The solution is in the bar code itself. The Coupon Bureau’s mobile coupons are in a unique format, where not all of the coupon’s information is in the actual bar code. Instead, when a cashier scans your coupon, the bar code triggers a call to The Coupon Bureau’s centralized database. That system will tell the store’s register whether the coupon is a known, legitimate offer, whether that particular coupon has ever been used before, and precisely what item on which it’s valid, with much more precision than a current coupon bar code is capable of.

This could help put an end to “glitching”, where coupon users use high-value coupons on lower-priced items on which they’re not intended. It could help put an end to counterfeiting, since only known coupons will reside in The Coupon Bureau’s positive offer file, and fakes will be rejected. And it could help put an end to reuse or overredemption – once that particular coupon is used, it can never be used again.

That may not please the fraudsters, but it’s good news for retailers, manufacturers and couponers. First, it reduces the potential for conflict at the checkout – cashiers won’t have to scrutinize your coupon to make sure it’s legit, because they really can trust the bar code to do the work. “We took the friction away between the cashier and the shopper. The cashier doesn’t have to be the final say in validation,” Johnson said.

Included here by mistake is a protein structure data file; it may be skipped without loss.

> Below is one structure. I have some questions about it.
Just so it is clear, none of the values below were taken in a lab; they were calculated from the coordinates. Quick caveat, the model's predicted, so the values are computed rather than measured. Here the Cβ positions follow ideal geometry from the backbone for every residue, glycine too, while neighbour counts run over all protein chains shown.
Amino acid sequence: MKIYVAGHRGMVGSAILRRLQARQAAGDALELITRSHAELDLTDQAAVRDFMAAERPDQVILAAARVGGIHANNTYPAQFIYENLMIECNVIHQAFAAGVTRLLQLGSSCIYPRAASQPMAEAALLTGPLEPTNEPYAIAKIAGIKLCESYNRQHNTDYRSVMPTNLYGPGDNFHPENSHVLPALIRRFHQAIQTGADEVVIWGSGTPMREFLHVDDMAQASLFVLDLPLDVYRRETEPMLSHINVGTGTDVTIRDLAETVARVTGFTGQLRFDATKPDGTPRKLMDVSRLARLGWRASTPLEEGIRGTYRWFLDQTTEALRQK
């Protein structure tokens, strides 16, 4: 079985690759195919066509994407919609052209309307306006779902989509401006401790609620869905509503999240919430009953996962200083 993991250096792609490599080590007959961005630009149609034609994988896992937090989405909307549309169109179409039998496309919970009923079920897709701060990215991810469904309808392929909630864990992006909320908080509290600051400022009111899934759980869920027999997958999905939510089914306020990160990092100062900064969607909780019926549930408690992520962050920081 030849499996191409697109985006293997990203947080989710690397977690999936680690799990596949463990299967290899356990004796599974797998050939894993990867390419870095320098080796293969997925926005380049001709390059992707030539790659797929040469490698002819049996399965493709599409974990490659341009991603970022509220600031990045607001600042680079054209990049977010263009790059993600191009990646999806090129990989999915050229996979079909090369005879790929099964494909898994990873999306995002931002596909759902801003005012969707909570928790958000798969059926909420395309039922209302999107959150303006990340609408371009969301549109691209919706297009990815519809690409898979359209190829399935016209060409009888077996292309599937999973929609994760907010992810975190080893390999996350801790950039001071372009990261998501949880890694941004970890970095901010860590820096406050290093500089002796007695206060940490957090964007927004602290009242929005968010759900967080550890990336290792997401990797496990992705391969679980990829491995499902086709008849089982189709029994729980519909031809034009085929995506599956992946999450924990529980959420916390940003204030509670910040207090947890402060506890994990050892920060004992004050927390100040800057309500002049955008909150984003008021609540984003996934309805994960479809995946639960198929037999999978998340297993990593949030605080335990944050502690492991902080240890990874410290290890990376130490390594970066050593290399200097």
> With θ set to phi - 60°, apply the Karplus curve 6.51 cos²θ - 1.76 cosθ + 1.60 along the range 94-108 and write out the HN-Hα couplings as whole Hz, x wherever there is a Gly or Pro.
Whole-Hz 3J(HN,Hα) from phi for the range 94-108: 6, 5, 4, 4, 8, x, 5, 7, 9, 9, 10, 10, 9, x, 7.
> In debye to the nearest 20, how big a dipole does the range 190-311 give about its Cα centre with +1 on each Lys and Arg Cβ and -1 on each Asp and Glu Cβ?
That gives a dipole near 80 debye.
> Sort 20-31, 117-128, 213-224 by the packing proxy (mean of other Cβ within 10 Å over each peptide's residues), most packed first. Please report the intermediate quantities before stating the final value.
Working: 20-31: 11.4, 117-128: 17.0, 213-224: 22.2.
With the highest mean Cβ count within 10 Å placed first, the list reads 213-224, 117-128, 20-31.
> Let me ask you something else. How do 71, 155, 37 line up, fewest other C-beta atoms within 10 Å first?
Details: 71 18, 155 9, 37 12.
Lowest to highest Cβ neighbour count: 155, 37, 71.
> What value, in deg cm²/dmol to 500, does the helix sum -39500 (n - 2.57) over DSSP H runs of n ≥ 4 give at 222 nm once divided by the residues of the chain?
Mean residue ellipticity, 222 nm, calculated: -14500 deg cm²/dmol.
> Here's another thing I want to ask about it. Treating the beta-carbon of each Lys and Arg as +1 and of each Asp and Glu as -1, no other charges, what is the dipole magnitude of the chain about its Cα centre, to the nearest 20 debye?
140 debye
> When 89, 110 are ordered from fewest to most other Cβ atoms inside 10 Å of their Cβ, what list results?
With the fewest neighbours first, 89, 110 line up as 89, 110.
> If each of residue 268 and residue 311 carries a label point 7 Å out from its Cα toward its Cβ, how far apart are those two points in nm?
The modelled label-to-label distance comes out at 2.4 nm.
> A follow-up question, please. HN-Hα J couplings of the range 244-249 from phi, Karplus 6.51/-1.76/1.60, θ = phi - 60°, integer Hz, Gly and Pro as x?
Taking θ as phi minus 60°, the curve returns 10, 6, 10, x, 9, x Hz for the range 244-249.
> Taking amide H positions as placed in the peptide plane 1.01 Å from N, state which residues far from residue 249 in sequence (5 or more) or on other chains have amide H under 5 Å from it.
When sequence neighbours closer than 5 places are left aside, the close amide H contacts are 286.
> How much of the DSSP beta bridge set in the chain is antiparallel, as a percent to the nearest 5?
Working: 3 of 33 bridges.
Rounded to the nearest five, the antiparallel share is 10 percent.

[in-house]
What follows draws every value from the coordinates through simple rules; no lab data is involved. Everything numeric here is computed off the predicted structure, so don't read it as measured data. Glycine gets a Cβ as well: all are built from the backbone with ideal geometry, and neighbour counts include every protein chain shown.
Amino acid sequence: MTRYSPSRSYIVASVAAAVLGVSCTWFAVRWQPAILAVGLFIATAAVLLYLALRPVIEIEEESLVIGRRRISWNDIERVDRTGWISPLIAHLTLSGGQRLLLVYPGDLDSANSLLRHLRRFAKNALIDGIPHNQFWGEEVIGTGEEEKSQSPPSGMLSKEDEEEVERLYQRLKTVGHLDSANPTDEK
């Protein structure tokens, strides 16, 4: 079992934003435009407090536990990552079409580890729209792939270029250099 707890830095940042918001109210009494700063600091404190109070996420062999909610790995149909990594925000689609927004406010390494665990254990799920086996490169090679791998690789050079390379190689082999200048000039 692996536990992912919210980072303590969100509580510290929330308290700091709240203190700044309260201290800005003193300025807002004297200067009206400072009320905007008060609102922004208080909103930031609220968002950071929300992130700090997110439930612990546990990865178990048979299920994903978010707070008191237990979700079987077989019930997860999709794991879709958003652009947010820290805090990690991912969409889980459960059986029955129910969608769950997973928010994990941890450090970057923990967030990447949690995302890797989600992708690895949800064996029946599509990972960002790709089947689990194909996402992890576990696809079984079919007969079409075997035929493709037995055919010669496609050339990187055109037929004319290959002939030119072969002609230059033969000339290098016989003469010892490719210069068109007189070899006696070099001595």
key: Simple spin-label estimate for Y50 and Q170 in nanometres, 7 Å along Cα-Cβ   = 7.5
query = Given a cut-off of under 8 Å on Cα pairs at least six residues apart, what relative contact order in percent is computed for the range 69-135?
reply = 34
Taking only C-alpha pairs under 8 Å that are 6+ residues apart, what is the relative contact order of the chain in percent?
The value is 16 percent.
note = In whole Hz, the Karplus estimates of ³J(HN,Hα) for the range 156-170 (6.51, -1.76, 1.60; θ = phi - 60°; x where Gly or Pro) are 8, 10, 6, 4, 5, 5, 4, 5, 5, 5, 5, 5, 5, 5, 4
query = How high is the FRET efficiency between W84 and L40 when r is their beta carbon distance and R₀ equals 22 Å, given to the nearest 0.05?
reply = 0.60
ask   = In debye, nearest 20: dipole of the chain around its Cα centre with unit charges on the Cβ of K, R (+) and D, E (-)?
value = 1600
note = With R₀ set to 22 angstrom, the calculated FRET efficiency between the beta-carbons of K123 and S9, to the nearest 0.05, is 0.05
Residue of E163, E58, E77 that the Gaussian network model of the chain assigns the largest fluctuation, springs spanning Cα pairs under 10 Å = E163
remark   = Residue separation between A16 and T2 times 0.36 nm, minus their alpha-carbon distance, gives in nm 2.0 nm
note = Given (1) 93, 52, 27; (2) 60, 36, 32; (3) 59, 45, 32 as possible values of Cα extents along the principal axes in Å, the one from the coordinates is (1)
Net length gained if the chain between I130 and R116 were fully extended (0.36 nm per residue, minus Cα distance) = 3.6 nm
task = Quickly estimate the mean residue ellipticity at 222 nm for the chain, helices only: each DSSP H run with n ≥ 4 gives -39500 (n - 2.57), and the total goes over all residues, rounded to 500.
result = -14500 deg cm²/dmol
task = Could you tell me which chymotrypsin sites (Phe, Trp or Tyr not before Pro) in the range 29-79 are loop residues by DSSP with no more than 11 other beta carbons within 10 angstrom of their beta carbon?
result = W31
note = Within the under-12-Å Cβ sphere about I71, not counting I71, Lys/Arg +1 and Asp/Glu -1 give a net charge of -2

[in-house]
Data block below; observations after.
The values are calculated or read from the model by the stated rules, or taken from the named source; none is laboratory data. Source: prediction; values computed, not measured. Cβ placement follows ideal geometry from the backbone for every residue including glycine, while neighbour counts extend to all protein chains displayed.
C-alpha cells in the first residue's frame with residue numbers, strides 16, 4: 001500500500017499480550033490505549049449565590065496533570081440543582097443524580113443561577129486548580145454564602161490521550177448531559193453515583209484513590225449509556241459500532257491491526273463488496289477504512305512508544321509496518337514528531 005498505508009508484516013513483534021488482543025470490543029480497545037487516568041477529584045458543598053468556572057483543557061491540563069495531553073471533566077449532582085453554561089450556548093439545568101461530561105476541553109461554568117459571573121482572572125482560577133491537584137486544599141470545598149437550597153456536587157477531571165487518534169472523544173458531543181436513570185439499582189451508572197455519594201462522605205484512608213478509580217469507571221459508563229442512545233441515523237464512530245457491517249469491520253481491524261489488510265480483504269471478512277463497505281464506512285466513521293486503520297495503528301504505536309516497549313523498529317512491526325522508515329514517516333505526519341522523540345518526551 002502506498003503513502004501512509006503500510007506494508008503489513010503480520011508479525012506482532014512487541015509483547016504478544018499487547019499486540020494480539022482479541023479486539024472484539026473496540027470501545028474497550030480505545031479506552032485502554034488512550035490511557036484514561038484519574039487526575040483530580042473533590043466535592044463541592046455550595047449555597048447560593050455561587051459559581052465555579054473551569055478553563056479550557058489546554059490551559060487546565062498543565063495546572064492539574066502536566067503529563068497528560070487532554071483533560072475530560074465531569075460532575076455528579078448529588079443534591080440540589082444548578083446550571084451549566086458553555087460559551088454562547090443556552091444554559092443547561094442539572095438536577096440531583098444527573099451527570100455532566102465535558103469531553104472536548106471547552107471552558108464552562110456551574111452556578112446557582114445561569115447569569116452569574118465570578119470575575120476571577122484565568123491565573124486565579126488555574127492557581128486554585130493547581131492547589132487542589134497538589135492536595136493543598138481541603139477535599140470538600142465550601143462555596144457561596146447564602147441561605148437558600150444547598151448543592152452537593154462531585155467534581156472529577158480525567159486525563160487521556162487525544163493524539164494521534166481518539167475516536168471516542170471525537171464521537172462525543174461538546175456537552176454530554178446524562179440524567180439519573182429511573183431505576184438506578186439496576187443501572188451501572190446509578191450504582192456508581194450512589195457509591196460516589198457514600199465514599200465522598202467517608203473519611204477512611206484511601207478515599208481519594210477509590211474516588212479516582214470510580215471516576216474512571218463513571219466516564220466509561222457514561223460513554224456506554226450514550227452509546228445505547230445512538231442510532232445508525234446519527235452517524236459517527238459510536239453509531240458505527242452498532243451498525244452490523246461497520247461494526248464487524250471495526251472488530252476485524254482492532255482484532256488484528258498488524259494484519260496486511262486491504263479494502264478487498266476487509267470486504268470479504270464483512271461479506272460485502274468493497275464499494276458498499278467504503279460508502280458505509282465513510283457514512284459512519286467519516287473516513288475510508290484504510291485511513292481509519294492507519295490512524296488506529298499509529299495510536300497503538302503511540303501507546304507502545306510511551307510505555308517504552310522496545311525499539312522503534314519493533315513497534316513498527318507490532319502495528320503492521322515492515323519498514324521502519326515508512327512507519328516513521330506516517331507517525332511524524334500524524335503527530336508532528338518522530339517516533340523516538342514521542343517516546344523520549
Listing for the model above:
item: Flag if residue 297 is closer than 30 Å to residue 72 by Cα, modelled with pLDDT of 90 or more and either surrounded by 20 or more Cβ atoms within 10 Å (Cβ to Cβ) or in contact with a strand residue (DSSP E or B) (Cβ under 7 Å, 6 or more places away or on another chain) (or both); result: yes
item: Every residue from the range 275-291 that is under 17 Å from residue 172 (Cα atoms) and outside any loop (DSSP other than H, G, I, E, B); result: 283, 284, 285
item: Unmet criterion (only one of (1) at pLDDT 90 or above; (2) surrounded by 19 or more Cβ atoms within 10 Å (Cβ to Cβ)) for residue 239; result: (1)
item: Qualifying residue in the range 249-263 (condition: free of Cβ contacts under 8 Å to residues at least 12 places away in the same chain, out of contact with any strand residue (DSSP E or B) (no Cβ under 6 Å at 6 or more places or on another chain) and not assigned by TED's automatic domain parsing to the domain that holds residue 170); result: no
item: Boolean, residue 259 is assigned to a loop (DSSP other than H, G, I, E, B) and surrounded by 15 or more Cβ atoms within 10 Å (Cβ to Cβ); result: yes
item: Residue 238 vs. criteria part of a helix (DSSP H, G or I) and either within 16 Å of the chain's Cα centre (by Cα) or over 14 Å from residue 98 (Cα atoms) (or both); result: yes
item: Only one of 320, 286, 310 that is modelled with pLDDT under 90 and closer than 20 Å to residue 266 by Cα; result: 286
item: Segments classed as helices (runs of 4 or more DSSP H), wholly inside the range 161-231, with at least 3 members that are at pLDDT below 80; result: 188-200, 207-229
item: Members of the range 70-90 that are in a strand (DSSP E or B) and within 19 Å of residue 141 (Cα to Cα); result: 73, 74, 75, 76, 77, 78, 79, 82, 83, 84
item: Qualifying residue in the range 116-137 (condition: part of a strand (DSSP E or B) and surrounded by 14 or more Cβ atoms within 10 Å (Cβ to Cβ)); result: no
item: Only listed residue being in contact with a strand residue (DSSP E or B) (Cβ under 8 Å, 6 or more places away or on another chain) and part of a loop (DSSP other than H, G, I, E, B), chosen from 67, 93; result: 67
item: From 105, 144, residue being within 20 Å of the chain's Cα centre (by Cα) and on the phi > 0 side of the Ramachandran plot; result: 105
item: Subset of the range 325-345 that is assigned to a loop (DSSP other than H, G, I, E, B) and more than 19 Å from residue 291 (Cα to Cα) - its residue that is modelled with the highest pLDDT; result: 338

Also, if manufacturers have peace of mind in knowing that their coupons won’t be abused, misused or counterfeited, “there will be more coupons, and hopefully more high-value, more meaningful coupons,” Johnson said. “We’ve seen manufacturers say, when I can be specific about the exact product or size I want the shopper to purchase, and that can be controlled, then I’ll do higher value offers.”

And then there’s the fact that, unlike store-specific digital load-to-card coupons, universal digital coupons can be used anywhere. And that will make it easier for brands to send their coupons directly to you. Have you ever seen a store circular telling you to look through your Sunday newspaper inserts for a particular coupon, or an email or ad banner inviting you to scroll through a particular store’s digital coupon gallery to find a specific coupon you can use? It’s a clunky and not very effective way to deliver a coupon to you, by making you go look for it.

But now, if you sign up to receive emails or texts from your favorite brands, or click on an ad banner online, or visit a brand’s website, you’ll be able to get a mobile coupon sent to you right away that you can use wherever you want to shop. Or you can pull out your phone to scan a code in a circular, in a store, or on a product package to access a coupon. Or you can have a mobile coupon beamed to your phone with an in-store beacon. The possibilities are almost limitless.